Vietnam museum, artists trade barbs over prices, respect

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The Vietnam Fine Arts Museum has said it will seek to rent paintings as it cannot afford to offer Vietnamese painters the sums given by museums overseas.

Artists, on the other hand, say money was not the bottom line, but that the museum has not treated them well.

While critics blame the museum for not taking good care of the artists, leading to the ‘painting drain’, museum director Vi Kien Thanh said they have their own difficulties.

Every painter wants to sell as many works at high prices for both income and fame, but the small budget it receives from the state allows the museum to buy only a few pieces at negotiated prices, Thanh said.

“If the artists don’t understand, the museum has to accept that Vietnamese pieces are taken by foreign museums and galleries.

“Artists need to earn a living but only when they sacrifice for the common interest will the museum have more paintings.”

Thanh said the museum has tried to offer the artists “very high prices” but it was nothing compared to offers from overseas.

So the museum decided to rent paintings from artists that it cannot negotiate a purchase with, he said.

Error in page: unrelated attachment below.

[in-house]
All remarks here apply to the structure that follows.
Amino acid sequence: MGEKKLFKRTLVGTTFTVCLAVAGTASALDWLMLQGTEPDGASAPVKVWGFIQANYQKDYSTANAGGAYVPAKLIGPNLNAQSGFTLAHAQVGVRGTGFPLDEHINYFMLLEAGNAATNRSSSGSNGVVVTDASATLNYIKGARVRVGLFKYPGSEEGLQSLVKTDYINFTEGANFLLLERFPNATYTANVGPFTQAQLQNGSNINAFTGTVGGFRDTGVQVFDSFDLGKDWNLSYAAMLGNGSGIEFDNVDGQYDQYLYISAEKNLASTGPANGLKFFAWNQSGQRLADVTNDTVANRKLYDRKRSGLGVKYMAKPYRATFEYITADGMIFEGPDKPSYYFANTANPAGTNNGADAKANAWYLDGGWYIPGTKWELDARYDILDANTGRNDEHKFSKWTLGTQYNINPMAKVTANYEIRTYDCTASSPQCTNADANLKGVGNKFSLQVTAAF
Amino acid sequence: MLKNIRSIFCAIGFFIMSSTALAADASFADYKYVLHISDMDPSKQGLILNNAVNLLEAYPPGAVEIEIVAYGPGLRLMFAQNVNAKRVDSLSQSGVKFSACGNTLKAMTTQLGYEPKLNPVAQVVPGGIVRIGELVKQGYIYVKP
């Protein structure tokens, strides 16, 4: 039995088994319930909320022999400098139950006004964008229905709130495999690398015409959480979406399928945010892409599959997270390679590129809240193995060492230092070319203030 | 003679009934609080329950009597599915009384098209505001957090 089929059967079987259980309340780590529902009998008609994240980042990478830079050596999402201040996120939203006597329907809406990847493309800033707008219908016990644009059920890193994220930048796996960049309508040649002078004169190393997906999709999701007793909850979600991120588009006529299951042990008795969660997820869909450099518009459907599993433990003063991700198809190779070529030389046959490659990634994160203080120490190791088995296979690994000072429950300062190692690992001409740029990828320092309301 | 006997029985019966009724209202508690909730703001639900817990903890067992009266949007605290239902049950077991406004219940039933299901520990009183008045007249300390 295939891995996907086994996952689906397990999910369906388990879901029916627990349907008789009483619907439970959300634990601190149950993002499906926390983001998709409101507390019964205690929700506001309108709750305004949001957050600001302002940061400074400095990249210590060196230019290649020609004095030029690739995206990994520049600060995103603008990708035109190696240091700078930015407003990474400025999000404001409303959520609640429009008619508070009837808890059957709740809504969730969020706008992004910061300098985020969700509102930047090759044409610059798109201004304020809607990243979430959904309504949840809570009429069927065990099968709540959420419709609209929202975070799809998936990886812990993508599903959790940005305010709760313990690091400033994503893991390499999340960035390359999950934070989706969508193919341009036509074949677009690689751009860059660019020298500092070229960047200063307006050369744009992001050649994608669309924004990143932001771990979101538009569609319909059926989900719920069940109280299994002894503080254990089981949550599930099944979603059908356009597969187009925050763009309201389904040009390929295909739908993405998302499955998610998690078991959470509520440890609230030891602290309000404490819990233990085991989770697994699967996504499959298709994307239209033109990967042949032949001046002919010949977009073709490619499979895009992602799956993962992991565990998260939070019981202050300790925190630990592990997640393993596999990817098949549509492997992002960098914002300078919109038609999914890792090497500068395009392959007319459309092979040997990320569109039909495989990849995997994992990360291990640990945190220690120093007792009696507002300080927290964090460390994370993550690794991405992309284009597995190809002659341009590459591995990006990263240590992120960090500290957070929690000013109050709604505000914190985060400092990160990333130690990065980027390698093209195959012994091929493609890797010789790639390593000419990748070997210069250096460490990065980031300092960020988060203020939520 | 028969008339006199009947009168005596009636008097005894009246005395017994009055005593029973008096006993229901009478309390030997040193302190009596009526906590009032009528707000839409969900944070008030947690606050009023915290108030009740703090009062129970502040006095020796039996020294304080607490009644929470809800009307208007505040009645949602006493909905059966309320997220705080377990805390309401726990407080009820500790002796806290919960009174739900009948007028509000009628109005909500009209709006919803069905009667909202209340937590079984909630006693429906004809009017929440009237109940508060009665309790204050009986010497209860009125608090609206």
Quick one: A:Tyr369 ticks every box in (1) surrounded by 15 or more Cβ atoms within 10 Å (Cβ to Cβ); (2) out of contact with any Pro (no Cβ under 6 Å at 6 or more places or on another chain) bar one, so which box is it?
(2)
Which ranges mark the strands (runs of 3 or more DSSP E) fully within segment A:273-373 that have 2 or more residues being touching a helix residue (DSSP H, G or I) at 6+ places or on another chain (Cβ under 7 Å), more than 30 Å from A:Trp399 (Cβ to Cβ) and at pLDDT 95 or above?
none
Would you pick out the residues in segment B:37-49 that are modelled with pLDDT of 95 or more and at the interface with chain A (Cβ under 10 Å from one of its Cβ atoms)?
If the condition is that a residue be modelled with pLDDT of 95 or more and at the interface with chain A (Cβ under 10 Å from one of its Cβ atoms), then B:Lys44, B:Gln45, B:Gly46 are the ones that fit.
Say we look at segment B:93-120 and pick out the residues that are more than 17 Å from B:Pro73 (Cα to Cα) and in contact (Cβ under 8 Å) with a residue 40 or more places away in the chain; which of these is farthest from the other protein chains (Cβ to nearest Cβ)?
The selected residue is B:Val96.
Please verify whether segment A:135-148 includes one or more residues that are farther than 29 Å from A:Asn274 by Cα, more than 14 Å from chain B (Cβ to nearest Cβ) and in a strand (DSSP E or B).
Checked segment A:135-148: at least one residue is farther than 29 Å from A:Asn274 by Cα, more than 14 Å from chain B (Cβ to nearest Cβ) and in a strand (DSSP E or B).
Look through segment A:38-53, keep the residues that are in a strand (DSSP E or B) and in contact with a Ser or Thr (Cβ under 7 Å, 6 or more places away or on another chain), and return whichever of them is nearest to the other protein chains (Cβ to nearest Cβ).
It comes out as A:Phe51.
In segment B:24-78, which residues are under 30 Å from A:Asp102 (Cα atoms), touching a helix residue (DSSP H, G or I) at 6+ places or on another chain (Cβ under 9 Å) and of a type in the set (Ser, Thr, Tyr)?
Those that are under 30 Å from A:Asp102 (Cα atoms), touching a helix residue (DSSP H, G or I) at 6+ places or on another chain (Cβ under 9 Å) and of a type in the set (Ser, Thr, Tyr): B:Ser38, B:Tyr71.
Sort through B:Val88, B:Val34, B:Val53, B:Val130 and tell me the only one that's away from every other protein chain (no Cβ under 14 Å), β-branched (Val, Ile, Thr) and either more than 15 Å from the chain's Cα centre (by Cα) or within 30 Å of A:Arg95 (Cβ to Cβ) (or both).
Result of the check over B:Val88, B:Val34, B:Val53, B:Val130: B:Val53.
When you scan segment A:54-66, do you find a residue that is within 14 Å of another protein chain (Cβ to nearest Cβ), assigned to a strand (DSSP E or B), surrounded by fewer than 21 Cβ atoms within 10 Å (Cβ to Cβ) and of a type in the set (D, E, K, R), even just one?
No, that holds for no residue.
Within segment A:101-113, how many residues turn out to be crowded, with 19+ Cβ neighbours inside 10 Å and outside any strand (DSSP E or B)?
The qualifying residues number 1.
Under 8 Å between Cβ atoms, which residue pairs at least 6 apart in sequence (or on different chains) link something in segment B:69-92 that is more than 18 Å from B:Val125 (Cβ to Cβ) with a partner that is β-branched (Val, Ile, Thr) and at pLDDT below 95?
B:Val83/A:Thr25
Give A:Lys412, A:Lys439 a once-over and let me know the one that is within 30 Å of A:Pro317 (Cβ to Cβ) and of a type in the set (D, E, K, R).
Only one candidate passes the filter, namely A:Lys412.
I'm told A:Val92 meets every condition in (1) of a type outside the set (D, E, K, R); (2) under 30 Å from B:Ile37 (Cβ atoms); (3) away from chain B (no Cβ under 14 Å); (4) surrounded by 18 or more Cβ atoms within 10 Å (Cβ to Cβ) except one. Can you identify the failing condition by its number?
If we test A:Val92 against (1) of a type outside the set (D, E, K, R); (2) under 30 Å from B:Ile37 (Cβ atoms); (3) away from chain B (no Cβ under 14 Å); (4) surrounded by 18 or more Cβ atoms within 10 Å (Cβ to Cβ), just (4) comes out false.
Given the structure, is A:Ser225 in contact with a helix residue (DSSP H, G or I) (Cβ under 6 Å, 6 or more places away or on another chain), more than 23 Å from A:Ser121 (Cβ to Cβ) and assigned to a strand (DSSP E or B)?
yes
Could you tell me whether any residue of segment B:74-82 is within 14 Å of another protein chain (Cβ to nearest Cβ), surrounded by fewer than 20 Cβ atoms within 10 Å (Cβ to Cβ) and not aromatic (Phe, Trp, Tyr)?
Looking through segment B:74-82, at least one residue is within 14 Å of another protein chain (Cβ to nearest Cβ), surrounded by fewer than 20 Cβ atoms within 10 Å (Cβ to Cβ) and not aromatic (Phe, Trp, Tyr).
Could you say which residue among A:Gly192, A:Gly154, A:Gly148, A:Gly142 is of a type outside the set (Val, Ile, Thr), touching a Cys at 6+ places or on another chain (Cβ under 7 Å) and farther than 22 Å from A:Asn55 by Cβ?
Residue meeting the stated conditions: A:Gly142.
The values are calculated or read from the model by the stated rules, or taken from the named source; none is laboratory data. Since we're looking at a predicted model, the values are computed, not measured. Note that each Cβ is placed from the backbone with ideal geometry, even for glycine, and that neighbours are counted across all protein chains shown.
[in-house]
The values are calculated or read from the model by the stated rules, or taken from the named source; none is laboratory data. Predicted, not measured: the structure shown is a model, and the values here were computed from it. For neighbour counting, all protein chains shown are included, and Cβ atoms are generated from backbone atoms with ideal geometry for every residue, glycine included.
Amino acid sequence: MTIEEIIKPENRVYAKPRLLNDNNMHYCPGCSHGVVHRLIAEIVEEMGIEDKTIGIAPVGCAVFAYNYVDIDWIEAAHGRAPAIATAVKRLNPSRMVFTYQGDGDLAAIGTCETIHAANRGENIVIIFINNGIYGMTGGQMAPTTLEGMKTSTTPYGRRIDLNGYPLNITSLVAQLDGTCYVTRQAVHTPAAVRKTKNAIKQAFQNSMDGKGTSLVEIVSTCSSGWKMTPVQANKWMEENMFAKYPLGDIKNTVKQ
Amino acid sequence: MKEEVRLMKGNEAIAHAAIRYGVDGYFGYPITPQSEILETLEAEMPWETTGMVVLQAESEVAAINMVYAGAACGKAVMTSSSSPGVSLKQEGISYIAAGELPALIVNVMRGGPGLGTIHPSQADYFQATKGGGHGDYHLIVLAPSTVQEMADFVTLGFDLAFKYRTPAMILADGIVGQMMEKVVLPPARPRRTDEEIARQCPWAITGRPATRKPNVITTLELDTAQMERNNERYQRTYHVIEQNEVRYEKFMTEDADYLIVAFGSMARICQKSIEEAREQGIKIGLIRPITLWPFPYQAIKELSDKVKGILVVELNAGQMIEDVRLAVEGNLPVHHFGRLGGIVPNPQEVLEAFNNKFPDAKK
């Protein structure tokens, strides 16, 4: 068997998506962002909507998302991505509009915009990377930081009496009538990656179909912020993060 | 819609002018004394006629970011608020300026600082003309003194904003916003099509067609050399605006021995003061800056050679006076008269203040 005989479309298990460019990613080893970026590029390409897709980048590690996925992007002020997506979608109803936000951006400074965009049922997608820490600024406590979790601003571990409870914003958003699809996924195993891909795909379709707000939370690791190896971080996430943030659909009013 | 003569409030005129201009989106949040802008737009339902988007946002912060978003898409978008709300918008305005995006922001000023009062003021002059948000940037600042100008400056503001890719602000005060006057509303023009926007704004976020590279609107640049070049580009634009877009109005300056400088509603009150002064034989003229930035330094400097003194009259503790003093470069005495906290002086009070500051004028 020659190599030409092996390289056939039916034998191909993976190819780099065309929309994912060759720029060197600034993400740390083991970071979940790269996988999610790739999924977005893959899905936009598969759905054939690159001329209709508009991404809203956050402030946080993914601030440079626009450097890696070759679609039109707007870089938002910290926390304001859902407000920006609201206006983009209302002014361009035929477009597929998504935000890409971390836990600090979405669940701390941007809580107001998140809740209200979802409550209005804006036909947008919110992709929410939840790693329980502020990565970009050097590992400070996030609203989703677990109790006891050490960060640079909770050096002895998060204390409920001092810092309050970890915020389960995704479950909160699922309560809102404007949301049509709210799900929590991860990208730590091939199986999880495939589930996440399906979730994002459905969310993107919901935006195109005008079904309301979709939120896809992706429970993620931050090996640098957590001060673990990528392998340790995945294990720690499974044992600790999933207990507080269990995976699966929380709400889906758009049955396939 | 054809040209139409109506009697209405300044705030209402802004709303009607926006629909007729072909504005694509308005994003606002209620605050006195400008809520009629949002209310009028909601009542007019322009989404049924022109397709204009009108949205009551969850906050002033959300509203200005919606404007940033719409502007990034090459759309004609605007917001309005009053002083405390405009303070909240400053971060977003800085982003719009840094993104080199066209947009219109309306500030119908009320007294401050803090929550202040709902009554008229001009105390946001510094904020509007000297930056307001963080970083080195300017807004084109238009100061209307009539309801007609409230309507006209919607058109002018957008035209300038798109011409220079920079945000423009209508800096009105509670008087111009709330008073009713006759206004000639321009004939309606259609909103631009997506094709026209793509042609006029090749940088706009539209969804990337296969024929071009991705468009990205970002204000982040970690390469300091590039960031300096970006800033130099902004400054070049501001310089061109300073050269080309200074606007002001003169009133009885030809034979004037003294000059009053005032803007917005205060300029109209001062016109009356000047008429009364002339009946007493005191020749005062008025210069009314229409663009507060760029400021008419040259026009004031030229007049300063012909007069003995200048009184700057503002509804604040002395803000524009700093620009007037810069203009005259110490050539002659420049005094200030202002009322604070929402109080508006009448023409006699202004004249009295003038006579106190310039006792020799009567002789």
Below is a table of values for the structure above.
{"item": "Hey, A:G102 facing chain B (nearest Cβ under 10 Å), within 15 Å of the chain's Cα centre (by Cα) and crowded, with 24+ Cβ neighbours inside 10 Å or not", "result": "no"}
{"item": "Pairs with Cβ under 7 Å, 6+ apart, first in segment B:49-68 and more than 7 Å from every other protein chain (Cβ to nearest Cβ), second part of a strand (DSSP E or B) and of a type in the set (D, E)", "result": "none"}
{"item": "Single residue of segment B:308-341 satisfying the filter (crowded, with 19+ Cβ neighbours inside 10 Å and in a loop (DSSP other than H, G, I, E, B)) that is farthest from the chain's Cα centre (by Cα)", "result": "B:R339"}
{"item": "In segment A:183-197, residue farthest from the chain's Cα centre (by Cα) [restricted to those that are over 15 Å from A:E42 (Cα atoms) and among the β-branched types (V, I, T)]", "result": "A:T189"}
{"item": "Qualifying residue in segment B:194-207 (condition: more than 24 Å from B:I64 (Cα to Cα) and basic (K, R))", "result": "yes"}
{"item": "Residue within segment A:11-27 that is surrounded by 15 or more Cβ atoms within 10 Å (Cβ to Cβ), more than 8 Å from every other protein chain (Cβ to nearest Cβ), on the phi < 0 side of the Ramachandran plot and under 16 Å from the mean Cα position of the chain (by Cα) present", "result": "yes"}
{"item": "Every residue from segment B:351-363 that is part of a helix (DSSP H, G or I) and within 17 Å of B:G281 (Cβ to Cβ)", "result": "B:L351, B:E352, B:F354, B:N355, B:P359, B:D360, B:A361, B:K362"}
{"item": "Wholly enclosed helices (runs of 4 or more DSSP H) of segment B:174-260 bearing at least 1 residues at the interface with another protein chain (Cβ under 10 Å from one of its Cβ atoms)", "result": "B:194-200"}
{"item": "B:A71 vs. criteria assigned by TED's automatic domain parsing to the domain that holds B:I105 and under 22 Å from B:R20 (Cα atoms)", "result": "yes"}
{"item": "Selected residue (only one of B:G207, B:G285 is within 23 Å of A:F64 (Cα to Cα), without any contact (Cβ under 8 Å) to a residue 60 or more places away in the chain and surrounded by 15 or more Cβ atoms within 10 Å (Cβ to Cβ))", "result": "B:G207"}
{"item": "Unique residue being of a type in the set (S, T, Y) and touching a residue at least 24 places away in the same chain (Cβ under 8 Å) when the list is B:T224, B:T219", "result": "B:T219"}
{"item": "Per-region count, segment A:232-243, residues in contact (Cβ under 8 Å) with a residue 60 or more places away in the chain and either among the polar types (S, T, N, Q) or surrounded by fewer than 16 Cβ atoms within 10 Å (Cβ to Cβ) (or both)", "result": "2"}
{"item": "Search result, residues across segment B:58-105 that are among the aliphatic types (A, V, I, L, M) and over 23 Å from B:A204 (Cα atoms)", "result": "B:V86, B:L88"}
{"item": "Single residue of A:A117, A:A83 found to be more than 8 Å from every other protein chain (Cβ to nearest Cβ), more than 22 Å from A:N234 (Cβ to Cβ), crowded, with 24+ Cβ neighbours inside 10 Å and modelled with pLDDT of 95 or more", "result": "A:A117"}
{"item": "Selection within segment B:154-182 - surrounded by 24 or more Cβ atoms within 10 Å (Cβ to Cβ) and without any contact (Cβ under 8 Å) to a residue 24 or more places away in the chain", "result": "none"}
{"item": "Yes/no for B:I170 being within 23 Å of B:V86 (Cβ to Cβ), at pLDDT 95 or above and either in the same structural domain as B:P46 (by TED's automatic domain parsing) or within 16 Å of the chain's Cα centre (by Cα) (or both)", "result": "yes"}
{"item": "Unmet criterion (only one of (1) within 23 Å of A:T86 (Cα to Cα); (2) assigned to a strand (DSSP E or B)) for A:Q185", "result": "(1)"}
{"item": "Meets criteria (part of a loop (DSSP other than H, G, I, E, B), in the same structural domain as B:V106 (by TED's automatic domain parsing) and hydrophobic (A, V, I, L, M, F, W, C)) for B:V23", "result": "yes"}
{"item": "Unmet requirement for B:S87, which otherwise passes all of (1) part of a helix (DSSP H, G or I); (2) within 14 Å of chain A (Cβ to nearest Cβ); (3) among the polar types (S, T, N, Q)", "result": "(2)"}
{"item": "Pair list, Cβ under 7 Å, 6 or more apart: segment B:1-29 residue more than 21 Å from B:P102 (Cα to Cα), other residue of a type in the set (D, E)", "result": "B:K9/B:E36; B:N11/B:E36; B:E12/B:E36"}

It will pay the maintenance costs for the paintings left at the museum as well, he added.

Recently the museum sent letters to artists suggesting they gift some of their works to the museum, but it only received pieces of low value from unknown artists.

“I cannot give my paintings to the museum for nothing. I’m not weighing the pros and cons but the age of ‘give and take’ is over,” said renowned painter Thanh Chuong.

Chuong said he understands the difficulty of the museum and that Vietnamese artists know the payment standard in Vietnam.

“We are willing to sell at lower prices to the museum but it doesn’t mean any low price and it still depends on whether the museum’s behavior makes us happy,” the Hanoi-based painter said.

To sell some paintings at below normal prices is not a big deal once the artist has achieved some fame, he said.

“We know who we are and where we stand. Having some paintings bought by foreign museums is not a big thing.

“We really want to contribute to the country and feel honored to have our pieces displayed at a national museum.”

But Chuong said the Vietnam Fine Arts Museum has so far not tried to make itself a place where artists would want to leave their works.

Le Quang Ha, another known painter in Hanoi, said money was not the issue. The way the Vietnam Fine Arts Museum negotiated with them was not professional and respectful, he said.

Ha recalled that one time the museum visited him to buy some paintings but gave him a contract with prices already decided by it. “It was like they were doing me a favor.”

The museum returned later and changed their behavior so he agreed to sell, Ha said.

Ha said some artists also don’t feel respected when the museum put real pieces alongside counterfeits or copies.

Reported by Y Nguyen

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